FIFA members to vote on the host of the 2027 Women's World Cup

The FIFA Congress will pick from a winnowed field of two candidates to host the 2027 Women's World Cup at its meeting in Bangkok this week.

A joint bid by the United States and Mexico was pulled late last month, and South Africa withdrew its candidacy in November. That left only two bids standing for Friday's vote: A joint proposal from Belgium, the Netherlands and Germany, and another from Brazil.

It's the first time that all 211 of FIFA's members associations will have the opportunity weigh in on the host of the women's tournament. Previously, it was decided by the FIFA Council, the governing body's decision-making committee.

Brazil is favored to win the contest, particularly after ranking higher in a FIFA evaluation report last week.

"The document shows Brazil has fulfilled with excellency all the rigid demands of the bidding process,” Brazilian soccer confederation president Ednaldo Rodrigues said.

Brazil’s bid, titled “As Natural as Football,” emphasizes an event that will inspire women and girls, as well raise awareness of such issues as sustainability, social responsibility and inclusion.

Brazil was also in the running for the 2023 Women’s World Cup, but dropped out citing lingering hardship from the COVID-19 pandemic. Japan also withdrew late in that process. When the bids were ultimately considered, there were only two, Colombia and the joint submission from Australia and New Zealand, which ultimately won with 63% of the council's vote.

Brazil has hosted two men’s World Cups, in 1950 and 2014, and the 2016 Olympics. A South American country has never hosted a Women's World Cup and fellow CONMEBOL nations are likely to support the effort.

“The results published by FIFA add to our strength so we can work harder in this final sprint," Rodrigues said. "We will work more so we can get the biggest number of votes possible. We want everyone’s support.”

Germany hosted the Women's World Cup in 2011 and the Netherlands hosted the 2017 Women's European Championship. Among the advantages of the “BNG” proposal: There are 13 possible host cities that are accessible by train.

Their bid — titled “Breaking New Ground,” using the countries' initials — marks the first time the three traditional rivals have collaborated as prospective hosts. Belgium and the Netherlands co-hosted the men's European Championship in 2000.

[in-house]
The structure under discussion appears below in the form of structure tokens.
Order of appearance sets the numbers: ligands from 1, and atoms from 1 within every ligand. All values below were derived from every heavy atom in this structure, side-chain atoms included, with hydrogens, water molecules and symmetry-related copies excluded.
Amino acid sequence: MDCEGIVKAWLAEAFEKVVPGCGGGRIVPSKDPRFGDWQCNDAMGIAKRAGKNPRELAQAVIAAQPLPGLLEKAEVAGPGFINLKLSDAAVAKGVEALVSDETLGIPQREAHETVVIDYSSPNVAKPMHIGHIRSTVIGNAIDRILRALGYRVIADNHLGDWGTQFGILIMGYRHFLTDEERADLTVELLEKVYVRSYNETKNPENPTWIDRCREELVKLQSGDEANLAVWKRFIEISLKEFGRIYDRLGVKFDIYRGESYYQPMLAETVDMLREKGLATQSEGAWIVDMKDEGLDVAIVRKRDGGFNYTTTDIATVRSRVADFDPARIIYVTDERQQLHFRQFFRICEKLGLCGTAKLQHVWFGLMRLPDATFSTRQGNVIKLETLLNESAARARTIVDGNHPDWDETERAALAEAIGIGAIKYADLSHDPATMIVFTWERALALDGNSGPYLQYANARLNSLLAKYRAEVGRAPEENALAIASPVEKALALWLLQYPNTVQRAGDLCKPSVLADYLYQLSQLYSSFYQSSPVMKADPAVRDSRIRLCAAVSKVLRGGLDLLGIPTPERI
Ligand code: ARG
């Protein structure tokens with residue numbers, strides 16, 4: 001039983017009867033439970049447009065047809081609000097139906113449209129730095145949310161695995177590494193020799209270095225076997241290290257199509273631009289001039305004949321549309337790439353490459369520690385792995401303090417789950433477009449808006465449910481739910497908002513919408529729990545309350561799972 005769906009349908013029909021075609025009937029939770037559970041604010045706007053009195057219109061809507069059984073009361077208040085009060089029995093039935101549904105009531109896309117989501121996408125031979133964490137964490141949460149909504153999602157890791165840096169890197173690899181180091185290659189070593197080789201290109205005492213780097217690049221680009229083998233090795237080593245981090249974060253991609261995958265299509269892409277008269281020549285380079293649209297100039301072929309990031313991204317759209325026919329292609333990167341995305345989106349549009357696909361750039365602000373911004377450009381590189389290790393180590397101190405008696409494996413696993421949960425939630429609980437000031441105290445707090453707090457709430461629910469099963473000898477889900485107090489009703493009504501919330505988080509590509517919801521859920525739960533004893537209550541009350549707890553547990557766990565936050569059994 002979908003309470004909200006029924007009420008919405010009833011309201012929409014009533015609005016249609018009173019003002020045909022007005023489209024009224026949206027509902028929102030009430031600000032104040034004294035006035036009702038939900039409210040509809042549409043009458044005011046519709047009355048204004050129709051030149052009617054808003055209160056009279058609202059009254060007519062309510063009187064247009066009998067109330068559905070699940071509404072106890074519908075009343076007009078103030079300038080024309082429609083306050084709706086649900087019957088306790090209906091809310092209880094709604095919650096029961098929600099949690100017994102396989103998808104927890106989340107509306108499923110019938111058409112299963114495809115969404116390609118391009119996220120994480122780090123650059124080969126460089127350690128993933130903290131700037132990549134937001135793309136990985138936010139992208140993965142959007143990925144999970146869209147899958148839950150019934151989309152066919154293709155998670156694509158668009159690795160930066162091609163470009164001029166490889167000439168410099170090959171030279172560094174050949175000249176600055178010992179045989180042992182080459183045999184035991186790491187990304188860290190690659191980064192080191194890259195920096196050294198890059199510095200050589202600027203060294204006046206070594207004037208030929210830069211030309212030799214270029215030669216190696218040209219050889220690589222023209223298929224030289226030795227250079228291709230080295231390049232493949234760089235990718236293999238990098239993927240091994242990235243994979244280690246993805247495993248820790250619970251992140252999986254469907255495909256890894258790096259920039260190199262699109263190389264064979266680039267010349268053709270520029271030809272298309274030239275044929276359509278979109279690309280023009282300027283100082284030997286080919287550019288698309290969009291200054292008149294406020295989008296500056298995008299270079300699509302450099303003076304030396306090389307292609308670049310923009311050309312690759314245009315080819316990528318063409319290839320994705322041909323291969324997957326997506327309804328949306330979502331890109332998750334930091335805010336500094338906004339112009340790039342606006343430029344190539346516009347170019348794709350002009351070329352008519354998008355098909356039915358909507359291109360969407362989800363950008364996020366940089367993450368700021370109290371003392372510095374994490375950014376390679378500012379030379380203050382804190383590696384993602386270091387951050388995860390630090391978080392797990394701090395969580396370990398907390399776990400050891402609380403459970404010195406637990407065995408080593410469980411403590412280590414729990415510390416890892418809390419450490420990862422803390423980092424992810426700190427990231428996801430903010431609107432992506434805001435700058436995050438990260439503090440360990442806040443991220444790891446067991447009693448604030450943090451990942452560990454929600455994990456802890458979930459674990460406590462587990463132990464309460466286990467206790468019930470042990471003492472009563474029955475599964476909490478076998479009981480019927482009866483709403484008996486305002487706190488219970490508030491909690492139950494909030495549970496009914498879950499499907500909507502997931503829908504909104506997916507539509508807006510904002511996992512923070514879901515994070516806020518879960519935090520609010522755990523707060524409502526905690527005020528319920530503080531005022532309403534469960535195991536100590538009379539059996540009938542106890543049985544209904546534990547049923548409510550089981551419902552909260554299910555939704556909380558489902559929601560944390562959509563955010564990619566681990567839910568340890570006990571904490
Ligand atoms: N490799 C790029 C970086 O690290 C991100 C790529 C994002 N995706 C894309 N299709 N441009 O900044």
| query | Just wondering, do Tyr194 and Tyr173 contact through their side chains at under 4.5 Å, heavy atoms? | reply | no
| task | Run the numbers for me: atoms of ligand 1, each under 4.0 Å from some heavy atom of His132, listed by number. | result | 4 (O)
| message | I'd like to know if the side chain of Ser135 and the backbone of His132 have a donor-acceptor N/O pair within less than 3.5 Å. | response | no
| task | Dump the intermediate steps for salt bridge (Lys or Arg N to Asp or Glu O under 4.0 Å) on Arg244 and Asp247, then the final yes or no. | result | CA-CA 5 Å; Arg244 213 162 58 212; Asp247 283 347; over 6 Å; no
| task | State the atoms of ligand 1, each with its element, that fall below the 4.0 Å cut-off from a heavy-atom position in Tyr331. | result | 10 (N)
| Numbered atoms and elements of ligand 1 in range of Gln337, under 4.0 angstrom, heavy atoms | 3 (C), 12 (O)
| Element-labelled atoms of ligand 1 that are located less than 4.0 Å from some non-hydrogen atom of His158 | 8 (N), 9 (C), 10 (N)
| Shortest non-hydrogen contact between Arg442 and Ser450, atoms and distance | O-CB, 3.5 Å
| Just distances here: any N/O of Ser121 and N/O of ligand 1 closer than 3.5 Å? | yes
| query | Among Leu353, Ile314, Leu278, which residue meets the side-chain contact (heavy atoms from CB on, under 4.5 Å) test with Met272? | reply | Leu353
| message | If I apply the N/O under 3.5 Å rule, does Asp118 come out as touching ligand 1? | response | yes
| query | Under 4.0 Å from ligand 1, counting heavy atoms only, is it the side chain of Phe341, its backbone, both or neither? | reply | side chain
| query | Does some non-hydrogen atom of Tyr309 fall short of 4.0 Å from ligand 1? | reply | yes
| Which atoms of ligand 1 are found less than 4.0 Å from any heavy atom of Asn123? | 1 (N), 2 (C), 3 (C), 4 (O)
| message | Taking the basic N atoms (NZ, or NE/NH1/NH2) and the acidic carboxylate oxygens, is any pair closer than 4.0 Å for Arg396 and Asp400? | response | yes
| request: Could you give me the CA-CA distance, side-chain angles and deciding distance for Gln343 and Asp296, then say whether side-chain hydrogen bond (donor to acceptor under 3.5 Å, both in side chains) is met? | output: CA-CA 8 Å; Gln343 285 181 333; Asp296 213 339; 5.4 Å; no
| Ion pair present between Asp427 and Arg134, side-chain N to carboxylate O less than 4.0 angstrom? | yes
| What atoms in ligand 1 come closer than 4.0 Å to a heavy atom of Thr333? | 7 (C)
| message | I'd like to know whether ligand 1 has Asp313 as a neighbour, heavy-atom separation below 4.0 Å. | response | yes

“There’s a fantastic combination of knowledge from organizing those big tournaments together, with some new ideas,” German soccer federation secretary general Heike Ullrich told The Associated Press. “One very important thing for us was when it comes to organizing a tournament is that it’s compact ... so ‘local but global’ is one slogan. The longest distance between two venues is 300 kilometers (185 miles), which means for teams and fans, they can just find their base camp and from there they can go from A to B.”

The evaluation report flagged risks within the legal “contractual framework” that FIFA requires to host the event in the BNG proposal. Ullrich countered that any complications from working with three different governments would be ironed out, and that something like transport, for example, is only arranged after a successful bid. Germany will host the men’s European Championship this year, when ticket holders will have free local transport to games and discounted long-distance services.

“It’s just a question of timing, and when we take these steps,” Ullrich said. “Of course we will match everything FIFA needs to have a FIFA Women’s World Cup.”

Hosting the event has a growing economic benefit, too. The Women's World Cup in Canada in 2015 drew 1.35 million spectators. There was $493.6 million in economic activity generated by the tournament and the under-20 Women's World Cup the year before.

At last year's World Cup it almost doubled, generating $865.7 million for Australia and $67.87 million for co-host New Zealand.

The United States and Mexico withdrew at the end of April after touting $3 billion in economic impact. But the sports calendar was already crowded with the United States, Mexico and Canada set to host the men's World Cup in 2026, and Los Angeles hosting the 2028 Olympics.


AP Sports Writers Ciaran Fahey in Berlin and Mauricio Savarese in Sao Paulo contributed to this report.


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